I saw Al Gore’s movie. Lauded as the must see, end all be all, one stop shopping for information on Global Warming. I was moved until I did some research myself and found out he paints a skewed picture. His most memorable image, the Hockey Stick Graph is still being debated for it’s accuracy, in particular for its erroneous representation of the middle ages warm period.
But who is Al Gore anyway? He’s not a climatologist. He’s not a meteorologist. He’s not a scientist of any kind. He’s a politician. Okay, so if we’re taking the word of a politician (can you believe that?) than how about the word of a journalist? Millions of people accept what journalists say as fact every day. Here’s one of my favorites, John Hockenberry. who writes in this months Wired Magazine (Feb 2007) a portion of the cover story, “What We Don’t Know: 42 of the biggest questions in science”. He answers the question “What causes ice ages?” (I’m typing this in from the hardcopy since it’s not posted online at this time – and note, this copy of Wired was literally picked up at random after I read Joe’s comment last night and lo and behold there was an opinion that differed with the “consensus”)
Scientists know that small-scale ice ages occur every 20,000-40,000 years and that massive ones happen every 100,000 years or so. They just don’t know why. The current theory – first proposed in 1920 by Serbian engineer Milutin Milankovitch – is that irregularities in Earth’s orbit change how much solar energy it absorbs, resulting in sudden (well, geologically speaking) cooling. While this neatly fits the timing of short term events, there’s still a big problem. Over the past few decades, studies have show that orbital fluctuations affect solar energy by 1 percent or less – far too little too little to produce massive climate shifts on their own. “The mystery is, what is the amplification factor?” says University of Michigan geologist and climatologist Henry Pollack. “What takes a small amount of solar energy change and produces a large amount of glaciation? Studies of ice and seabed cores reveal that temperature rise and fall is heavily correlated with changes in greenhouse-gas concentrations. But it’s a chicken-and-egg problem. Are CO2 rises and falls a cause of climate change or an effect? If they are a cause, what initiates the change? Figuring this out could tell us a great deal about the current global warming problem and how it might be solved. But as Matthew Saltzman, a geologist at Ohio State puts it, “We need to know why greenhouse gases fluctuated in prehuman times, and we just don’t.”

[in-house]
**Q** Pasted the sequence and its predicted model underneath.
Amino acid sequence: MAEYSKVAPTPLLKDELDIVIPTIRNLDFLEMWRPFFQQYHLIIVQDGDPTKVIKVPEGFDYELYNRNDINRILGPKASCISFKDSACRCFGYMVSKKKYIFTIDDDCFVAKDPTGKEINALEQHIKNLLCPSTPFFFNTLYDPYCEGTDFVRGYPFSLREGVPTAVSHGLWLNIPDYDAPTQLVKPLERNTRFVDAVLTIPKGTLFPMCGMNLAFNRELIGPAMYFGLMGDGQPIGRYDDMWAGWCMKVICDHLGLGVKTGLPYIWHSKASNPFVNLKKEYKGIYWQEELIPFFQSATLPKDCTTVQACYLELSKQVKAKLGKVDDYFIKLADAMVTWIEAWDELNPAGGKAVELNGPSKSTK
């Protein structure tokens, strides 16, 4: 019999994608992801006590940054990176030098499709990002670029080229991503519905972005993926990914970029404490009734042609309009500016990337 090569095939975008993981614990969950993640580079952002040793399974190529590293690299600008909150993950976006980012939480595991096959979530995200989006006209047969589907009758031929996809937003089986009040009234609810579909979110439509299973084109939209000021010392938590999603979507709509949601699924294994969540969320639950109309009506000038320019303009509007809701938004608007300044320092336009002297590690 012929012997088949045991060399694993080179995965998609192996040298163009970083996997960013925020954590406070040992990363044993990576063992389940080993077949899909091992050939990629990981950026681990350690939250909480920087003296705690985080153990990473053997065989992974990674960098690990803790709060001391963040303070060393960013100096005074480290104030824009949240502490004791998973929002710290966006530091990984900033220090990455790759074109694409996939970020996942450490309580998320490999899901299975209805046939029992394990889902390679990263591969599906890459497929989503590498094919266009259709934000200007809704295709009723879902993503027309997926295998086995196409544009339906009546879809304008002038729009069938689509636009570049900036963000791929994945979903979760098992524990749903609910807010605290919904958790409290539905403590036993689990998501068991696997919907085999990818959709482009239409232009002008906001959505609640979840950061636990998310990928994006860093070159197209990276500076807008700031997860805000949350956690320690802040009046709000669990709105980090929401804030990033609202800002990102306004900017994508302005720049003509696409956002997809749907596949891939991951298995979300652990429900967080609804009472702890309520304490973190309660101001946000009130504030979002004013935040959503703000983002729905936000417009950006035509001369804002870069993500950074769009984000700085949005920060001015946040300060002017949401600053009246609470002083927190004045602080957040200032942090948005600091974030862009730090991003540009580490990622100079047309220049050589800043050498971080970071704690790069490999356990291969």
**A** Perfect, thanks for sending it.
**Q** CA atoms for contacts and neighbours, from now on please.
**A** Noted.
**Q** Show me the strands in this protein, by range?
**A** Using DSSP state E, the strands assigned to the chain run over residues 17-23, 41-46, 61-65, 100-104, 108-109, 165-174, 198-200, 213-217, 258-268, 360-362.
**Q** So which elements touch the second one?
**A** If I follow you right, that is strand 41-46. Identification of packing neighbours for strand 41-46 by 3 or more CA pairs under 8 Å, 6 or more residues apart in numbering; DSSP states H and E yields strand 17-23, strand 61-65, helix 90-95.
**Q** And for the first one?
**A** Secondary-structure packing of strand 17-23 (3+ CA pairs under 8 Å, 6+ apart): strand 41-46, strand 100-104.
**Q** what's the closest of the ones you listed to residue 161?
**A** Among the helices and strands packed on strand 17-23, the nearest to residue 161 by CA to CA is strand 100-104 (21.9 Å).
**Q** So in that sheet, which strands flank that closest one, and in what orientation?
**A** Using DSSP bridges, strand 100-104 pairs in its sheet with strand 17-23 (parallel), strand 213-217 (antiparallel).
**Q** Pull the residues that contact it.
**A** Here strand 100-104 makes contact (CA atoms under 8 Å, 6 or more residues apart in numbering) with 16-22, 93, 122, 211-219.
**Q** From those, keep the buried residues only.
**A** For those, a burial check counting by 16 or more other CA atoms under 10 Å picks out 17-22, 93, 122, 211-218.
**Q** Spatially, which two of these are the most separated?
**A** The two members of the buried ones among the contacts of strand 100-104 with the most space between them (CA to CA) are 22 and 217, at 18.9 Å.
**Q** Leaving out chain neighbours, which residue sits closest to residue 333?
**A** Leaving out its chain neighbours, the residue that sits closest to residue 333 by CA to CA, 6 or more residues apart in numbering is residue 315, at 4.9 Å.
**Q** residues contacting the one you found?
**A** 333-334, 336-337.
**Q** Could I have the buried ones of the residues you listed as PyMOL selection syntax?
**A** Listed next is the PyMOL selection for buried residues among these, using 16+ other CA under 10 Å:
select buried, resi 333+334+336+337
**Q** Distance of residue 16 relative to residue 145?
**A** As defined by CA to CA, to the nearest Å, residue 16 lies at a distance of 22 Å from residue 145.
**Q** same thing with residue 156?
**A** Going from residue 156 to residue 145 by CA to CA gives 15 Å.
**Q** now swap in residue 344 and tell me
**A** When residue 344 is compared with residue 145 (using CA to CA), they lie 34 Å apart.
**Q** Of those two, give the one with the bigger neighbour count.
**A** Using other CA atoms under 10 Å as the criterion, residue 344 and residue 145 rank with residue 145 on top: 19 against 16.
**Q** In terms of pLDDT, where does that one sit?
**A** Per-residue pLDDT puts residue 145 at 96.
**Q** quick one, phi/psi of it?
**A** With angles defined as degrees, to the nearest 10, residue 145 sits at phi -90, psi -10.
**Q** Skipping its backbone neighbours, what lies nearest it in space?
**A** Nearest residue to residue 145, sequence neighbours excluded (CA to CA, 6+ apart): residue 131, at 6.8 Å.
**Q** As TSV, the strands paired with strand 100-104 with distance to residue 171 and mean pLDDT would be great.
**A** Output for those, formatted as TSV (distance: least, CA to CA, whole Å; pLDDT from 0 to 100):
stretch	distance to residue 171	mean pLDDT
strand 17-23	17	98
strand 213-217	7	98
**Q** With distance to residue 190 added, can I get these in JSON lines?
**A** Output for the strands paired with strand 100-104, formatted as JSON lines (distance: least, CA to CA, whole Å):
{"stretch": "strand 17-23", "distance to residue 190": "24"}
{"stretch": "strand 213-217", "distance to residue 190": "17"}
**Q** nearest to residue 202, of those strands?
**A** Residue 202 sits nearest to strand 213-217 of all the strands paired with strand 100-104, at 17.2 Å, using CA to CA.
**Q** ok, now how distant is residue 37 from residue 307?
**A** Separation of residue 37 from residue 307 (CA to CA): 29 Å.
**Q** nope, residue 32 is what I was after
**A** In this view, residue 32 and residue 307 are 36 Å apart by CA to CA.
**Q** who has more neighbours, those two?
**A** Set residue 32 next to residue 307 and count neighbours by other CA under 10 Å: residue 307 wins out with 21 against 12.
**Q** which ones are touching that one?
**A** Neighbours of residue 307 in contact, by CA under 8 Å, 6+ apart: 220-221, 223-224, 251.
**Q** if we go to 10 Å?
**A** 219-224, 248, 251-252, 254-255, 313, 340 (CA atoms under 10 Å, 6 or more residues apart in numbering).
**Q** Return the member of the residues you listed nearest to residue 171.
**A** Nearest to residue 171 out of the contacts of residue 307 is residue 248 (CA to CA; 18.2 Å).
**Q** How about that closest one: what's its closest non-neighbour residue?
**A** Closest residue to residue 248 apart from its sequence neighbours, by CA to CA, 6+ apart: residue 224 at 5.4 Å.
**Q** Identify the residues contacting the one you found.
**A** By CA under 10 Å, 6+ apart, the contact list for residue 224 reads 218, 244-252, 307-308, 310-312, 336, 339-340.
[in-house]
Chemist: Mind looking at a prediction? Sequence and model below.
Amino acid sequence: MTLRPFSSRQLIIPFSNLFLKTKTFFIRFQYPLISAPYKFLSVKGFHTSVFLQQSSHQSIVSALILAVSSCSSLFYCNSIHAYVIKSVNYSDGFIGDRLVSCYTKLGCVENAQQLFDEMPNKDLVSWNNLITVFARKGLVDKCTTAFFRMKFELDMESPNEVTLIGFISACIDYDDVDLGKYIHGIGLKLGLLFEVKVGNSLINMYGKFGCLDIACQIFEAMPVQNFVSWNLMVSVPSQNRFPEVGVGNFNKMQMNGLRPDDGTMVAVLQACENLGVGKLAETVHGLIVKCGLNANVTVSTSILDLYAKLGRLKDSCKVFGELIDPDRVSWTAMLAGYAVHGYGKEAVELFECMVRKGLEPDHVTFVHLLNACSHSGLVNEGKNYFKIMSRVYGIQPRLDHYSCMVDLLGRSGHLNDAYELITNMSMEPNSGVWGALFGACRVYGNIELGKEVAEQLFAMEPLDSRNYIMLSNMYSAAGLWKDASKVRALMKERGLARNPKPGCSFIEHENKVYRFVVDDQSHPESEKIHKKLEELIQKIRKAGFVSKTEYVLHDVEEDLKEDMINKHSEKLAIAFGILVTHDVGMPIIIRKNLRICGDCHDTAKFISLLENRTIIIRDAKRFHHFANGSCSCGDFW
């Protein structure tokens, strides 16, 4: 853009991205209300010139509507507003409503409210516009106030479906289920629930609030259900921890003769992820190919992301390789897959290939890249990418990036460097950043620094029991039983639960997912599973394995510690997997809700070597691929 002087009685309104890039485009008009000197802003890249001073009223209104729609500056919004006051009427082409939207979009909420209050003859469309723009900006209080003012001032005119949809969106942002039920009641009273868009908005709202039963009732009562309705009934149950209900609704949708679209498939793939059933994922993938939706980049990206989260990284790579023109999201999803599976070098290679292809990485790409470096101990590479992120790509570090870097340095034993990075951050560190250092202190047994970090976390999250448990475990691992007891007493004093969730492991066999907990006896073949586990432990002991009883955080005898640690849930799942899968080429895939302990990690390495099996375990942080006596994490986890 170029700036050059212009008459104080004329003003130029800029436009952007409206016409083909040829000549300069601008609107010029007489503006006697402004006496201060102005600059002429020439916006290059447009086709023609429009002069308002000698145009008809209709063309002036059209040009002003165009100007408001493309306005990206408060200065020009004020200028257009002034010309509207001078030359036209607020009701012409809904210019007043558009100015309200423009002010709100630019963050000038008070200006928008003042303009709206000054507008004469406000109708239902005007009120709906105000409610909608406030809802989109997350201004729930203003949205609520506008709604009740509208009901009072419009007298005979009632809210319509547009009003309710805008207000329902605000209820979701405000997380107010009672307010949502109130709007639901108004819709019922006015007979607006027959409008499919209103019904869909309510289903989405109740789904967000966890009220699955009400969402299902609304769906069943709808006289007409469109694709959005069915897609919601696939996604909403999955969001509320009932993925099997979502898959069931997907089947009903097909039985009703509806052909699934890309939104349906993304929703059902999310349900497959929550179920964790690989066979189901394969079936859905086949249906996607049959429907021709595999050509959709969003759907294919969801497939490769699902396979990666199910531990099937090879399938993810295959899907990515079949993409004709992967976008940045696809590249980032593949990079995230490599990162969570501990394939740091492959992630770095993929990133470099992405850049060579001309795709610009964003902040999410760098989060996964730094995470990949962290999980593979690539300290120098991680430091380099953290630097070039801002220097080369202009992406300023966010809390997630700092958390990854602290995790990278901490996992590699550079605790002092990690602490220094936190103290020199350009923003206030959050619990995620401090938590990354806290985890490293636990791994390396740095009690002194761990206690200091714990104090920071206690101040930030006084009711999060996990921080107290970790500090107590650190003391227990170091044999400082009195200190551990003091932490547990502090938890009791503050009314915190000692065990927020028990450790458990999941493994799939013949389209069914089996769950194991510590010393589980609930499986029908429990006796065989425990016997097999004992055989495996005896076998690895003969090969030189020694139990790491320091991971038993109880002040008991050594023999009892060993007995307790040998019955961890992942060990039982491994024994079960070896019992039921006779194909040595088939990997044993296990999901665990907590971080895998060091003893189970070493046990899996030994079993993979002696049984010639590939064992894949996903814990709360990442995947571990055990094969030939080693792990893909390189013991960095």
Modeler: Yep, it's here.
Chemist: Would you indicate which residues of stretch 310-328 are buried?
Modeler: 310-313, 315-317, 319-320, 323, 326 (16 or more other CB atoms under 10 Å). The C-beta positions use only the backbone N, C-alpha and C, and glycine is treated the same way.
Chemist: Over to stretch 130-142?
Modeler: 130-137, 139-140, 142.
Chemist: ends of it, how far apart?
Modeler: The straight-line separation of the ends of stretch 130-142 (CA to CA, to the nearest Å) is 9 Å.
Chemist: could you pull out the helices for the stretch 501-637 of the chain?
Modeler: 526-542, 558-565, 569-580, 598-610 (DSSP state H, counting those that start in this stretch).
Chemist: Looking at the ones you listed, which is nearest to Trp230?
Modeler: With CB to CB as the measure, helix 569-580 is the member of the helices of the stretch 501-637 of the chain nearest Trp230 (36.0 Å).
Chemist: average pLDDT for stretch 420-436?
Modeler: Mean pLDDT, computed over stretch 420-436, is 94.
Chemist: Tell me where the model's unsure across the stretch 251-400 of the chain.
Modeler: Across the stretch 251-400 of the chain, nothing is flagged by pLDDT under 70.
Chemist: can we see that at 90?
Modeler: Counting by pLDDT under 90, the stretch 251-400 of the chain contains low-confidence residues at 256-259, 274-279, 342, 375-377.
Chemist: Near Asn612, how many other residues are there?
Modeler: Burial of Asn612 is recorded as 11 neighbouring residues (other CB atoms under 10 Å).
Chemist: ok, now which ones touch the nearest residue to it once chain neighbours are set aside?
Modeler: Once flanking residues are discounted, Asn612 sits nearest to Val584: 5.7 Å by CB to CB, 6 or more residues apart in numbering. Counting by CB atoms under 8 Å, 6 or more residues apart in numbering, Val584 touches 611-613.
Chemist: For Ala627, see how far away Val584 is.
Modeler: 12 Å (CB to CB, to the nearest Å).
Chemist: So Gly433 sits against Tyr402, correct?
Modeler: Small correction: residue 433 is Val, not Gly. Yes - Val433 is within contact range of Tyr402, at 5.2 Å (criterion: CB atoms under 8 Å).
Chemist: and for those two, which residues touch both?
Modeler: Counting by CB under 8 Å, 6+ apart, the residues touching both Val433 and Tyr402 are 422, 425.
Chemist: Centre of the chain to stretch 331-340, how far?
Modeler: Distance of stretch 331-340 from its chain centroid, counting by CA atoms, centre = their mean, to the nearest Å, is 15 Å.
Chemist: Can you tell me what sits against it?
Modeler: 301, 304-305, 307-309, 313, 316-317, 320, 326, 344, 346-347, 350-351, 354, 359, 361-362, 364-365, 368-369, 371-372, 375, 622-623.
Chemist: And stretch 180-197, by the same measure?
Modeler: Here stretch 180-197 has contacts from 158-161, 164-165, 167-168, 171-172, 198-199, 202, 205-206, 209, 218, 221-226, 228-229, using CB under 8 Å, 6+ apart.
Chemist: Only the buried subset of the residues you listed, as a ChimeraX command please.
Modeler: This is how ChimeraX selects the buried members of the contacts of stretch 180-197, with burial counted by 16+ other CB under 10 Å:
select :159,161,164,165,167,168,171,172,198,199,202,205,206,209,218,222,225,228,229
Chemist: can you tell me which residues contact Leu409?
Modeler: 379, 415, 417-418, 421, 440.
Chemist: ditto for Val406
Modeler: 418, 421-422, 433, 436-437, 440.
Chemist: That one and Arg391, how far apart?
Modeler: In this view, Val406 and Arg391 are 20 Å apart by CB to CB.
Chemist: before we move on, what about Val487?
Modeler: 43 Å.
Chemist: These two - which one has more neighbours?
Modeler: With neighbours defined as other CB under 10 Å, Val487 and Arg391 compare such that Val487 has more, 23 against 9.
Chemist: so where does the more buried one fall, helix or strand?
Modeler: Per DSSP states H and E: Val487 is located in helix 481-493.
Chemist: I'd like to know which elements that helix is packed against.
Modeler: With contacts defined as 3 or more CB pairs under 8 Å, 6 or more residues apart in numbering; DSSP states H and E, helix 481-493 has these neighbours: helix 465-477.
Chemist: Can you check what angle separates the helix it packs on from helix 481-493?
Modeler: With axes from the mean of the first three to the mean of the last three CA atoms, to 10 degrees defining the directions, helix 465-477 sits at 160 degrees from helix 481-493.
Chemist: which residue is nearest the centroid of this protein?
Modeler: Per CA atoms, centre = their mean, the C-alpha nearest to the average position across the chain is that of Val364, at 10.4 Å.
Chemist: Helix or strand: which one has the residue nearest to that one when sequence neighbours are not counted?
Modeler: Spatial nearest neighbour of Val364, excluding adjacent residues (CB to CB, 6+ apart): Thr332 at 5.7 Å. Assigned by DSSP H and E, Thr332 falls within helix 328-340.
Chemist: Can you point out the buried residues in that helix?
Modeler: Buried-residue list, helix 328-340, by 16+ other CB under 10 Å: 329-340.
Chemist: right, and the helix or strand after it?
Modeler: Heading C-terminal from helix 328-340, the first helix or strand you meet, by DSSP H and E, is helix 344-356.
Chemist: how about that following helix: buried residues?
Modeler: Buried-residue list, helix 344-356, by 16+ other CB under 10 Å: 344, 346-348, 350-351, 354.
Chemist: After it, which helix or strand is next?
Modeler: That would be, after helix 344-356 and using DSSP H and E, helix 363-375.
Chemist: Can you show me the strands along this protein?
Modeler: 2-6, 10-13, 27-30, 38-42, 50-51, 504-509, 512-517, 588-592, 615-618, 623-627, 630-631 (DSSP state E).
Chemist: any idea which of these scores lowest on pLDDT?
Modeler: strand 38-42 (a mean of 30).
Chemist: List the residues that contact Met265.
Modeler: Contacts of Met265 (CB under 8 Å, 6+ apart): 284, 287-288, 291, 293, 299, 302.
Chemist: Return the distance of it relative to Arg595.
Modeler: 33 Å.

And that’s the crux of the matter. No matter what Al Gore says or what a panel of scientists votes on or what committee Nancy Pelosi forms, we just don’t know. And to say we do is a convenient lie.
Which brings me to the concept of “scientific consensus”. The Oxymoron of the Year. To paraphrase Patrick Moore’s quote above, science is about fact, not about consensus. There was a time when the scientific consensus was that the world was flat. There was a consensus about the benefits of Eugenics. There was a scientific consensus that Pluto was a planet until a group of scientists voted to adopt a new consensus.
Michael Crichton says it best in his speech “The Impossibility Of Prediction” given to the National Press Club on January 25, 2005:
As most of you have heard many times, the consensus of climate scientists believes in global warming. Historically, the claim of consensus has been the first refuge of scoundrels; it is a way to avoid debate by claiming that the matter is already settled. Whenever you hear the consensus of scientists agrees on something or other, reach for your wallet, because you’re being had.
Let’s be clear: the work of science has nothing whatever to do with consensus. Consensus is the business of politics. Science, on the contrary, requires only one investigator who happens to be right, which means that he or she has results that are verifiable by reference to the real world. In science, consensus is irrelevant. What is relevant is reproducible results. The greatest scientists in history are great precisely because they broke with the consensus.
And furthermore, the consensus of scientists has frequently been wrong. As they were wrong when they believed, earlier in my lifetime, that the continents did not move. So we must remember the immortal words of Mark Twain, who said, “Whenever you find yourself on the side of the majority, it is time to pause and reflect.”